But for repeated remittances to a specific person, such as discussed by the PBS Newshour in the case of immigrants, it is easy as pie to open a free bank account and send an extra ATM card to the other person, no matter where s/he is located in the world, so that s/he can withdraw any deposits at no cost from a local ATM. That’s certainly what I did in the 1990’s when my kids attended Milton Academy, and were spending junior years abroad and summers all over the world. [Indeed, a bank's fees for converting US dollars to the foreign currency that came out of the foreign-located ATM were a small fraction of the fees charged for exchanging currency by American Express or the currency-exchange booths at international airports.]

Second =

You can probably appreciate why my exchange of e-mails with Solutions was trying to overcome the conditioning of the general population that only governments can issue currencies by “going back to basics” = basing a new non-governmental currency on something with recognizable value.

And the reason for tossing into the mix of categories of items with recognizable value, something as seemingly esoteric as French Impressionist paintings as well as gold, silver, diamonds and commodities such as crude oil and home-heating oil (aka diesel fuel), is that the super-wealthy people of the world typically invest an incredibly large percentage of their wealth in fine art such a French Impressionist paintings.

If that doesn’t answer your question, I don’t know what else could be said!!!

Your friend,

John K.

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---------------------------- Original Message ----------------------------
Subject: A Synthetic Currency for the World (Discussion Item 19)
From: Pat
Date: Mon, October 7, 2013 8:31 pm
To: John Karls
-------------------------------------------------------------------------------

Dear John,

Did you see the piece on the PBS Newshour last Friday about a new computer currency? The transcript follows below but the Newshour’s website also has the following summary:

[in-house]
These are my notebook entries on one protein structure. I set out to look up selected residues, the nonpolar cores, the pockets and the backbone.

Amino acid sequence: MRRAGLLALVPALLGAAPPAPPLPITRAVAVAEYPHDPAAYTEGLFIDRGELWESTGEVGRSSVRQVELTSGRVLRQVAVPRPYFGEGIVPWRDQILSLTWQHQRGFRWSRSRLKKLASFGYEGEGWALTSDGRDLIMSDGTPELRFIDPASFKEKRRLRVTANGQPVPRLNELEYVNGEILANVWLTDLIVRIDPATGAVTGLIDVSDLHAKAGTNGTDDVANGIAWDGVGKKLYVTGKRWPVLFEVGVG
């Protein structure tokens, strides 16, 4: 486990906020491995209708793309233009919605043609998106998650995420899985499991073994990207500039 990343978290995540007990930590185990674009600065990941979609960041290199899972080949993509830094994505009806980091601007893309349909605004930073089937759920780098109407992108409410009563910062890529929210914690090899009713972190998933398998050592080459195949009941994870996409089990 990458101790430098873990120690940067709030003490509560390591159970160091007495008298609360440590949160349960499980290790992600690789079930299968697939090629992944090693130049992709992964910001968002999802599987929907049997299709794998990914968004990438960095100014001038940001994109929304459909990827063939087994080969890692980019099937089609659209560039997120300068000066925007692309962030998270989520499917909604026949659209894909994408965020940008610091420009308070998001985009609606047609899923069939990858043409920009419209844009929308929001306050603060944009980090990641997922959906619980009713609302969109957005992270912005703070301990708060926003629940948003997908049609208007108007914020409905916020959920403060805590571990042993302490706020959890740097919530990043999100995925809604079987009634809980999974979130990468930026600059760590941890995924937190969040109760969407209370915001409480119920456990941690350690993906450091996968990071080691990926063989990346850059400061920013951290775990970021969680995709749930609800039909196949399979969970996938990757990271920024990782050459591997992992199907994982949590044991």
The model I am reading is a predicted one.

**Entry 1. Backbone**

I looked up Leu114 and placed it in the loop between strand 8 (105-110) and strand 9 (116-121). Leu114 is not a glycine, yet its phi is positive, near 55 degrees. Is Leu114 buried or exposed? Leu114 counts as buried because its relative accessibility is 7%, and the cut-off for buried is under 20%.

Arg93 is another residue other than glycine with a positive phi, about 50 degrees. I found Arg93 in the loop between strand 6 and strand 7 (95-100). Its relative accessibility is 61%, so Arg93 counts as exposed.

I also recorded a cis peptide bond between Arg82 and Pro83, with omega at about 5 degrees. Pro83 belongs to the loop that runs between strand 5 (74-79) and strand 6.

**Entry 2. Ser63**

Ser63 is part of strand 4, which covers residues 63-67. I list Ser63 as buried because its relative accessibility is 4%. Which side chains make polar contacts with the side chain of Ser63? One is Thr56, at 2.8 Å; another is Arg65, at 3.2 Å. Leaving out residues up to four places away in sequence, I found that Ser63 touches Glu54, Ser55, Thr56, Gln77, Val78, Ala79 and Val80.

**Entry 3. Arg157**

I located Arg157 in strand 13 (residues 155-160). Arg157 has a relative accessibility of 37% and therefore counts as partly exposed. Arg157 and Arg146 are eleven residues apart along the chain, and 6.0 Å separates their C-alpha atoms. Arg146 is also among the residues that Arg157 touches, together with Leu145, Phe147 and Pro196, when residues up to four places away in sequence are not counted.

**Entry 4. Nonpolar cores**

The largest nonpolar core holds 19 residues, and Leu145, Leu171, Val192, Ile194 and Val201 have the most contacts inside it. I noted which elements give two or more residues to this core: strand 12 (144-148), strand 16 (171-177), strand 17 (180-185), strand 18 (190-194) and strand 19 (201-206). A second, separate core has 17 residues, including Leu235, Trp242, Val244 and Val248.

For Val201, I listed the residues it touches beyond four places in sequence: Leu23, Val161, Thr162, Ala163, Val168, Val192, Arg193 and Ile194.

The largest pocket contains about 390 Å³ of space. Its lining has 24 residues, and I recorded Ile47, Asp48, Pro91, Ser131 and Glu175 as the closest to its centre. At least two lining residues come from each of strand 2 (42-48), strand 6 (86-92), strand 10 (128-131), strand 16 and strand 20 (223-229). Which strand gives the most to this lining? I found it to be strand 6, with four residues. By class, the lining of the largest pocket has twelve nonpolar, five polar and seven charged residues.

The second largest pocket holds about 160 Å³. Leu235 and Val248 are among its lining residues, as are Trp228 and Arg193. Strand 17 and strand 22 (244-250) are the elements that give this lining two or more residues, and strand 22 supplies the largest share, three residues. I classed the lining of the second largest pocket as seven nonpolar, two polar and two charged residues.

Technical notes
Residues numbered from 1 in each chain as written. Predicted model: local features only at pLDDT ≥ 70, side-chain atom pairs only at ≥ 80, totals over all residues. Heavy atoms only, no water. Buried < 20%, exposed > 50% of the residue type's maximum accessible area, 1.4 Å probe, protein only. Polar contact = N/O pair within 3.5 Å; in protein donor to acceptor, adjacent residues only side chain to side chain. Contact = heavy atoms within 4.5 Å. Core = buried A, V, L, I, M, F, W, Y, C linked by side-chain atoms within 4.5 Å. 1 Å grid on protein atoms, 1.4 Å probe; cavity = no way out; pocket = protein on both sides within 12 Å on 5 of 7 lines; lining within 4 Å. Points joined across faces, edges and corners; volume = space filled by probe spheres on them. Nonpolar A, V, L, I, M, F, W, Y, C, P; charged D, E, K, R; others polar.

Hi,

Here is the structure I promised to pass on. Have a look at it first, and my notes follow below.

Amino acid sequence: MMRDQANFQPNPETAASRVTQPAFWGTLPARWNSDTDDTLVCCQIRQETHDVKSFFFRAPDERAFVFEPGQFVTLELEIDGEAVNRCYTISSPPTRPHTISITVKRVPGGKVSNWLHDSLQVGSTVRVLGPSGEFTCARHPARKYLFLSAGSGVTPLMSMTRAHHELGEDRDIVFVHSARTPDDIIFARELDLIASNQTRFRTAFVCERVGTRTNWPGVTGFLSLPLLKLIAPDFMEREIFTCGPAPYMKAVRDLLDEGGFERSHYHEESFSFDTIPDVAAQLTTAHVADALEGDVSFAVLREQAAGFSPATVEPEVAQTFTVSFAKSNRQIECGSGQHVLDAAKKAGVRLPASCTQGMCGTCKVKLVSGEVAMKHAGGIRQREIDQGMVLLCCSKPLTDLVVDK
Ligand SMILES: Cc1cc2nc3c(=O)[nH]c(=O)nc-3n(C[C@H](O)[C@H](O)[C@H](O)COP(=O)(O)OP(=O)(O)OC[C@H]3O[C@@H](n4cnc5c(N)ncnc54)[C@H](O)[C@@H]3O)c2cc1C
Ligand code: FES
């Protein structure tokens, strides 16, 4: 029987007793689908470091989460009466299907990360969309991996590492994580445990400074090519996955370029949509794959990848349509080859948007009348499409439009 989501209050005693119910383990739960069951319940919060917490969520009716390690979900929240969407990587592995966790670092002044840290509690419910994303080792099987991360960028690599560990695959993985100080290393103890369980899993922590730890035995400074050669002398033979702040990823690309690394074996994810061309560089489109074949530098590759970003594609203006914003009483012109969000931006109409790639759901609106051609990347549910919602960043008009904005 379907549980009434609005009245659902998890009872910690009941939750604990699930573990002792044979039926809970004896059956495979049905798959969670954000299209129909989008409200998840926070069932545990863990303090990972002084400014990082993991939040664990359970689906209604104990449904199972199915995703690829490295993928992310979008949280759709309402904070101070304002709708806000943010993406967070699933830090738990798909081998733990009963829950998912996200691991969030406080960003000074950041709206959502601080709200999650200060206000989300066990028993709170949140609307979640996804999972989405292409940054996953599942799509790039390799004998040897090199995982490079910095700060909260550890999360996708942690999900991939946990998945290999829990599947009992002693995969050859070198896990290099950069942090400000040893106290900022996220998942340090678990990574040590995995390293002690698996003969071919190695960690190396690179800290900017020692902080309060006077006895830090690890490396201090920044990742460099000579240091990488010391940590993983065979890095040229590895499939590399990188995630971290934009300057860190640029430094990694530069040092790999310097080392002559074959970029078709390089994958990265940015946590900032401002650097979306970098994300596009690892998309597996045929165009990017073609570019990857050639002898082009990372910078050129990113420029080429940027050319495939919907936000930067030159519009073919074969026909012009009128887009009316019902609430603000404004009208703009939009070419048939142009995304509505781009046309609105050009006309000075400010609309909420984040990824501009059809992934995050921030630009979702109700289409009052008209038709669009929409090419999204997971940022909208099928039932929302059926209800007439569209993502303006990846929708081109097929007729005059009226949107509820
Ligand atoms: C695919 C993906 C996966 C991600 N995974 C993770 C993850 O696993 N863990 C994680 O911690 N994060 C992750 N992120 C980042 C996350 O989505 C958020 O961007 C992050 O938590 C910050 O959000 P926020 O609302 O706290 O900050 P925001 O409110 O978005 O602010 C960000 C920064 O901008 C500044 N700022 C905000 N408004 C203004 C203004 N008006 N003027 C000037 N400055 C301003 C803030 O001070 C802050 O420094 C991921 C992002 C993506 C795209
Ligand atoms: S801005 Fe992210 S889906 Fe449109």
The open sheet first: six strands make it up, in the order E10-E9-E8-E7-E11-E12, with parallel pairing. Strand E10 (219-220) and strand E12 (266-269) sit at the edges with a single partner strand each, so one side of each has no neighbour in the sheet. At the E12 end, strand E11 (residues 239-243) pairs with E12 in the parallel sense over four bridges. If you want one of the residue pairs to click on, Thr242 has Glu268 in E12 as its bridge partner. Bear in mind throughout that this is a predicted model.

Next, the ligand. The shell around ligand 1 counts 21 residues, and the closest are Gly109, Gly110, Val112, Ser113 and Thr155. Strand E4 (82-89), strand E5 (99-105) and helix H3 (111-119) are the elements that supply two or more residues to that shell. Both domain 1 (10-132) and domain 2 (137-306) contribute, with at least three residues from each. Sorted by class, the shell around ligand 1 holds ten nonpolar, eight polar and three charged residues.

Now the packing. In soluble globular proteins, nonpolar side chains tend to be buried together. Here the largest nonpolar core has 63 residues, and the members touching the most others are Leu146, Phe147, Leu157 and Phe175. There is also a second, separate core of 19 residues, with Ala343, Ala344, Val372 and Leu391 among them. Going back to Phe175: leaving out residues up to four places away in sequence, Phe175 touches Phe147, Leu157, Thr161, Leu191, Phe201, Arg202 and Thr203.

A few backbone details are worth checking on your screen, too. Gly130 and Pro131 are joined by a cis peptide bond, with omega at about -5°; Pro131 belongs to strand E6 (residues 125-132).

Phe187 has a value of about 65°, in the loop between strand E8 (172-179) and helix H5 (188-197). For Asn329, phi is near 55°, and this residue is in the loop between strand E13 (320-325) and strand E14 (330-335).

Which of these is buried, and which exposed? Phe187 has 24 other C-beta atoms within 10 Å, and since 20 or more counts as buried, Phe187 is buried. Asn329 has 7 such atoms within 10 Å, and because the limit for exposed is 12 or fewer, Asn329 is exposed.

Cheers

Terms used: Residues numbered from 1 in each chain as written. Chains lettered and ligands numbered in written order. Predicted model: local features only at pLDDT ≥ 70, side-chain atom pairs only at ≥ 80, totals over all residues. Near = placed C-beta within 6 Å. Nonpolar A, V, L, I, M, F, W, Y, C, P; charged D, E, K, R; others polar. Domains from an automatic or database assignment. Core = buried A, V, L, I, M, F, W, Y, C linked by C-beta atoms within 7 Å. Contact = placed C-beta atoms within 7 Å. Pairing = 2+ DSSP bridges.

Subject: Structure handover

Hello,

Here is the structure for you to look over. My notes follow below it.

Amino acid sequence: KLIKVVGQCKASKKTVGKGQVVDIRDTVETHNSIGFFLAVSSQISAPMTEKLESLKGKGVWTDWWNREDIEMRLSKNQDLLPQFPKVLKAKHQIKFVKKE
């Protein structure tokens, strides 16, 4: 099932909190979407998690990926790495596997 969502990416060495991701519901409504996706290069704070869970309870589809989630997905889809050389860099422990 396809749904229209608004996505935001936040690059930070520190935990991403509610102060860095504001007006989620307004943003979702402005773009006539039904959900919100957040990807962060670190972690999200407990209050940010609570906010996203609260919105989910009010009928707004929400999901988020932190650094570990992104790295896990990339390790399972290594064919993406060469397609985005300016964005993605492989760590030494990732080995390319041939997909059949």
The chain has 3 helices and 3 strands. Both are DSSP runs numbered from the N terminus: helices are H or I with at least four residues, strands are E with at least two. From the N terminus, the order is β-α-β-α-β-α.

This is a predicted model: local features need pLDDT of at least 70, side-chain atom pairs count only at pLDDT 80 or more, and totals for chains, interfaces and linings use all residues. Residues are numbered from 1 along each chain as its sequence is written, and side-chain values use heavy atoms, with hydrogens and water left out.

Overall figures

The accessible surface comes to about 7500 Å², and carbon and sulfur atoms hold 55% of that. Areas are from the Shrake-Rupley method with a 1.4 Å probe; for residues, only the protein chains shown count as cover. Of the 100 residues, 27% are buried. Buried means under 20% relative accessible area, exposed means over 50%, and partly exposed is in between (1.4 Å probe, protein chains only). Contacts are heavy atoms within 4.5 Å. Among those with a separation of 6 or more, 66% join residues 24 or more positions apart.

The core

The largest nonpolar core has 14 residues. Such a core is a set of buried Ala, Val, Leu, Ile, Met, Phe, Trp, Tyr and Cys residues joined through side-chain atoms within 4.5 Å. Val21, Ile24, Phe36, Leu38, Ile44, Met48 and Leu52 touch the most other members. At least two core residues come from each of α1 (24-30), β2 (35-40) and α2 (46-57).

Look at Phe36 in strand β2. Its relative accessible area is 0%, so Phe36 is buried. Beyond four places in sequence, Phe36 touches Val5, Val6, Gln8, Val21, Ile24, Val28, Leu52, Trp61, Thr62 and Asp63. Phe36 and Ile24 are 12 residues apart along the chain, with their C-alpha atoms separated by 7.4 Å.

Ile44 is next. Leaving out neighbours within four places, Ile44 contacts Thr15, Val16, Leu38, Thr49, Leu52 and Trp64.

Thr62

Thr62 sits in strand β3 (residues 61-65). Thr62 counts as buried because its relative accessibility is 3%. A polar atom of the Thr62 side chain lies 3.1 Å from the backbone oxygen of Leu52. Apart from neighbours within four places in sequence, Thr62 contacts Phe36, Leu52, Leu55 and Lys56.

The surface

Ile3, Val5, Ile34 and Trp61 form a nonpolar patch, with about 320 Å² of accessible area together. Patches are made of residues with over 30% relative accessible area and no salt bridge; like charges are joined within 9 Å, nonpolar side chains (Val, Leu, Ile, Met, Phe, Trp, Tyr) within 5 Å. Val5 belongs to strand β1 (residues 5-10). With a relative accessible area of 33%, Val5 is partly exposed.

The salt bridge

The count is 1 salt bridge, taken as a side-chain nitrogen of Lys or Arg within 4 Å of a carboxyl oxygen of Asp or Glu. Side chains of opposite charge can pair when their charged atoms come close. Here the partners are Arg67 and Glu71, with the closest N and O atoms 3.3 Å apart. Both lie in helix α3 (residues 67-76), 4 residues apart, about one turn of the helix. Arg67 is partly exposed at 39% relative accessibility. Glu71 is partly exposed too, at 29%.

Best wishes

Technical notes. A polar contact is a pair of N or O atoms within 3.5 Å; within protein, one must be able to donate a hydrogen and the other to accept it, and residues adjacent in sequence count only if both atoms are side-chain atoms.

“Bitcoin, a digital currency, has appealed to high-tech skeptics of government-issued money, as well as global criminals who are eager and able to capitalize on a totally free market. But mainstream investors are taking notice. Paul Solman reports on the potential, advantages and risks of this crypto-currency.”

Pat

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PBS Newshour Transcript 10/4/2013

Bitcoin gains mainstream interest after initial “outlier” appeal

JUDY WOODRUFF: And to two stories from the world of technology, the first focusing on a digital currency that you may not have known about before it made national news this week. Our economics correspondent, Paul Solman, has been tracking its growth and explains. It's part of his ongoing reporting Making Sense of financial news.

MAN: Bitcoins are digital coins you can send through the Internet.

PAUL SOLMAN: The currency known as Bitcoin, which made headlines earlier this week when the FBI seized Silk Road, the popular online black marketplace for drugs and other contraband, payable in Bitcoin, that had done over a billion dollars worth of business in just the last two years. But what makes this strictly computerized currency, created and maintained by a network of computers solving math problems, worth anything at all?

RICHARD SYLLA, economic historian: Money is a convention.

PAUL SOLMAN: Economic historian Richard Sylla:

RICHARD SYLLA: I take paper money -- paper itself isn't worth much -- because I know you will accept it when I want to buy something from you.

PAUL SOLMAN: And that's it?

RICHARD SYLLA: That's right. Money is what money does.

PAUL SOLMAN: And since, these days, in the world of libertarian high-techies, skepticism about government-issued paper money abounds, Bitcoin, a digital currency attached to no country at all, is becoming their alternative of choice.

CHARLES HOSKINSON, Invictus Innovations: I have lost a lot of faith. I mean, a lot of people have. If you look at when we started the Federal Reserve system in 1913 to today, over 90 percent of the value of your dollar has gone down.

PAUL SOLMAN: Charles Hoskinson's lament has been a familiar one among Fed phobes in the past few years.

CHARLES HOSKINSON: I was a campaigner for Ron Paul back in 2008 and also in 2012. I met Ron Paul. He was a great guy, and I really believe firmly in his message.

PAUL SOLMAN: And the key part of his message that pertains here?

CHARLES HOSKINSON: Sound money. Sound money, the idea that your money needs to have rules that can't be manipulated based upon political convenience.

PAUL SOLMAN: By contrast, says Hoskinson, Bitcoin is unmanipulable, apolitical.

MAN: Invented in '09 by a fictitious person named Satoshi Nakamoto.

PAUL SOLMAN: A person or maybe group which has since vanished into cyberspace. Bitcoins were invented so as to have an upper limit -- 21 million Bitcoin can be created, no more.

MAN: Bitcoins are generated all over the Internet by anybody running a free application called a Bitcoin miner.

PAUL SOLMAN: Bitcoins are generated, or mined, by computers, solving math problems that become ever more complex and time-consuming. The coins themselves? Strings of characters like a password or code, hence the name crypto-currency. Easy to break the code? Absolutely not, says mathematician Hoskinson.